# Transformer concepts (magnetic induction)

## Homework Statement

The transfromer equation is given by$$\frac{Vp}{Vs}$$=$$\frac{Np}{Ns}$$ for an ideal transformer.
This equation is correct only if there are perfect flux linkage, the resistance of both primary and secondary coil is small and carries negligible current.
The notes mention here if the secondary coil is in open-circuit, the latter requirement about resistance is well met.

However I dont understand how opening the circuit of secondary coil will affect the current in the primary coil. Also if there is no current in the secondary coil, can it produce magnetic field?

## Homework Statement

The transfromer equation is given by$$\frac{Vp}{Vs}$$=$$\frac{Np}{Ns}$$ for an ideal transformer.
This equation is correct only if there are perfect flux linkage, the resistance of both primary and secondary coil is small and carries negligible current.
The notes mention here if the secondary coil is in open-circuit, the latter requirement about resistance is well met.

However I dont understand how opening the circuit of secondary coil will affect the current in the primary coil. Also if there is no current in the secondary coil, can it produce magnetic field?

if the secondary coil is in open-circuit, the resistance of primary winding still affects the flow of current and Ip will not be 90 deg with Vp.

if secondary circuit is opened, current still flows in primary and it will produce magnetic field which is responsible for Vs

if the secondary coil is in open-circuit, the resistance of primary winding still affects the flow of current and Ip will not be 90 deg with Vp.

if secondary circuit is opened, current still flows in primary and it will produce magnetic field which is responsible for Vs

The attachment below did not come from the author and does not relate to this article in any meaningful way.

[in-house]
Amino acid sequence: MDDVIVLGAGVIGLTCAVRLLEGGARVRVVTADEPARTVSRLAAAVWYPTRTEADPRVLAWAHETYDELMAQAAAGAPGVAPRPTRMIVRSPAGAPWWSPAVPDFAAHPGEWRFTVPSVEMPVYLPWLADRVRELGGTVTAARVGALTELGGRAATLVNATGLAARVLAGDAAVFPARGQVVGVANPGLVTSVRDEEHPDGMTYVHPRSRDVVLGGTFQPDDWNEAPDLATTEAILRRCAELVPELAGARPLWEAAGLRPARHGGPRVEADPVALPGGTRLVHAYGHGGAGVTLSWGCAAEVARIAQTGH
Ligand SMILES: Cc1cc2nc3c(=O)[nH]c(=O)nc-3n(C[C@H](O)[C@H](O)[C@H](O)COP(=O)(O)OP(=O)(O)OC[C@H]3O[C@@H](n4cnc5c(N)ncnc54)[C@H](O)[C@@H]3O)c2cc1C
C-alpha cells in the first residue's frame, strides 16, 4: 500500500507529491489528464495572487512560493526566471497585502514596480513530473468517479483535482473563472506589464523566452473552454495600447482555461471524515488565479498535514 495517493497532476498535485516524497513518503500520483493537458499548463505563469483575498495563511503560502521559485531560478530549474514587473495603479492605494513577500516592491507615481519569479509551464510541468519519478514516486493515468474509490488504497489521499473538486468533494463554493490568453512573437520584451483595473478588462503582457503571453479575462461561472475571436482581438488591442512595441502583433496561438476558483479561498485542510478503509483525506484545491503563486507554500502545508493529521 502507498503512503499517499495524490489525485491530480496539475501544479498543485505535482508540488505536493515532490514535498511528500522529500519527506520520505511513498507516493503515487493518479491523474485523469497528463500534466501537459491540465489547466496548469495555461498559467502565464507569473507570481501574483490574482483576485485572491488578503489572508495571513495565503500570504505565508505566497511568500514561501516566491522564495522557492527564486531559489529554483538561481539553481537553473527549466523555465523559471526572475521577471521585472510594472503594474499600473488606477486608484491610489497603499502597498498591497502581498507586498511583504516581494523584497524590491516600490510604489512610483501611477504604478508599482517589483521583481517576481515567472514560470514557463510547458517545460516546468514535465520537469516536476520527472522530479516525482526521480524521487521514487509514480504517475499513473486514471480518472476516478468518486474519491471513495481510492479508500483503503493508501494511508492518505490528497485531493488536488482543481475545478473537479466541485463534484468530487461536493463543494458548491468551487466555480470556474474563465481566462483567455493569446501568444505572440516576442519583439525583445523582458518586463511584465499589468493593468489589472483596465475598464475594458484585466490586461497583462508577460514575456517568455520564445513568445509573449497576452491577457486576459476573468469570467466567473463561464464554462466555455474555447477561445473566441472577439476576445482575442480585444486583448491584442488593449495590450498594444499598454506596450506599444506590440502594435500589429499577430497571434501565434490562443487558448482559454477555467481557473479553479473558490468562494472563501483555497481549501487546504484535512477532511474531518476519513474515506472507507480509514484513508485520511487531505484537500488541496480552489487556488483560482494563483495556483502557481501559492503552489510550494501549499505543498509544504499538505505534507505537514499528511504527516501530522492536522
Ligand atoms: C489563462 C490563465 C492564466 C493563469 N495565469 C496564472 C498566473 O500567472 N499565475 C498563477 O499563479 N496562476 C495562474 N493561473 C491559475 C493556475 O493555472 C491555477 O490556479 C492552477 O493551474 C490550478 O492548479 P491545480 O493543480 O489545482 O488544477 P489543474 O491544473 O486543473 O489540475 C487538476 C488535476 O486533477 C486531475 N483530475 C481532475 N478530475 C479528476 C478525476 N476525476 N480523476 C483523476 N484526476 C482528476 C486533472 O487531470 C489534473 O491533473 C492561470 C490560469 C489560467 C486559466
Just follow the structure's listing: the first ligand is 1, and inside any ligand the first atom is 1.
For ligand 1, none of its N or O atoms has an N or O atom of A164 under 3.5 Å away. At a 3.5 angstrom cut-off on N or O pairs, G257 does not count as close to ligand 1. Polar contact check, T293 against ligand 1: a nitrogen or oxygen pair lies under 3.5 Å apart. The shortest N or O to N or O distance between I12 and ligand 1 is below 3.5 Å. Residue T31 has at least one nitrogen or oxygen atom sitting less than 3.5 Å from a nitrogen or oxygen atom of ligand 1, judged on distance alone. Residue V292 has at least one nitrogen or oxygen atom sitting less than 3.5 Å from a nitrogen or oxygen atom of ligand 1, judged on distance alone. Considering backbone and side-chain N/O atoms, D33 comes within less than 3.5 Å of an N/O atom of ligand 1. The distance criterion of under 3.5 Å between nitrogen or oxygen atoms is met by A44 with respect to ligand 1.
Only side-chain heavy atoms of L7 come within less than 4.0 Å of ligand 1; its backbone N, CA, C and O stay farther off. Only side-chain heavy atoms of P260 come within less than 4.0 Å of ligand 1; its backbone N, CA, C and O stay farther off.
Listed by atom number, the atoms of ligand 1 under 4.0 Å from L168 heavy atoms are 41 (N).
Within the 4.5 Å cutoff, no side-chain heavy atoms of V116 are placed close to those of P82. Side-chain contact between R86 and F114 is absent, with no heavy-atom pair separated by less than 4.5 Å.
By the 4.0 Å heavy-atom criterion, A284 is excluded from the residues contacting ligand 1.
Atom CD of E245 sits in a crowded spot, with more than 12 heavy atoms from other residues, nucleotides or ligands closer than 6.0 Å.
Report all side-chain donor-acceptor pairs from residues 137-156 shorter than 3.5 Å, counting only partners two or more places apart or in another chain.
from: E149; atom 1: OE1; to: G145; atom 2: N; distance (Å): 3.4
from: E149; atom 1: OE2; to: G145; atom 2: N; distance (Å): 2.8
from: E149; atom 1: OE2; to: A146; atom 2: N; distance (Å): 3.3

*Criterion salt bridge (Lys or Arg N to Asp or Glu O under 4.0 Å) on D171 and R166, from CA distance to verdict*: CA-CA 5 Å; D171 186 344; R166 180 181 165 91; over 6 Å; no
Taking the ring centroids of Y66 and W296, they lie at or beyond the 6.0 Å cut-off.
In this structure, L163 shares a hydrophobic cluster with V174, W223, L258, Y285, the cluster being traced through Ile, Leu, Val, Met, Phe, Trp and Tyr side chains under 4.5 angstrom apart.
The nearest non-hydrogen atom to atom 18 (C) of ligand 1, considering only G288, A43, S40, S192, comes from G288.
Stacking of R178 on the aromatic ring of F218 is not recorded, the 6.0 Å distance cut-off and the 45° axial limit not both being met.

Can you explain in more detail about how the secondary coil affect the current and power of the primary coil?

If secondary current flows (or increases) in a transformer, it creates (more) flux which is opposite to flux created by primary current. Hence the resultant flux is reduced momentarily. But the primary coil immediately draws more current from source to produce same amount of flux so that Vp (voltage across primary) is unaltered. Since current from source is increased, now source is supplying power to the transformer which is in turn transformed to secondary.

If secondary current flows (or increases) in a transformer, it creates (more) flux which is opposite to flux created by primary current. Hence the resultant flux is reduced momentarily. But the primary coil immediately draws more current from source to produce same amount of flux so that Vp (voltage across primary) is unaltered. Since current from source is increased, now source is supplying power to the transformer which is in turn transformed to secondary.

Thz, I think I finally understand now, it is very helpful.

I have another problem. Why is the equation P=V^2/R not used to calculate the power loss in high voltage transmission cables? And why is I^2R okay to use?

I have another problem. Why is the equation P=V^2/R not used to calculate the power loss in high voltage transmission cables? And why is I^2R okay to use?

You can use both but in P=V^2/R, V is the voltage drop in transmission cable and not the transmission voltage. I prefer I^2R since if I measure the current I can find the loss.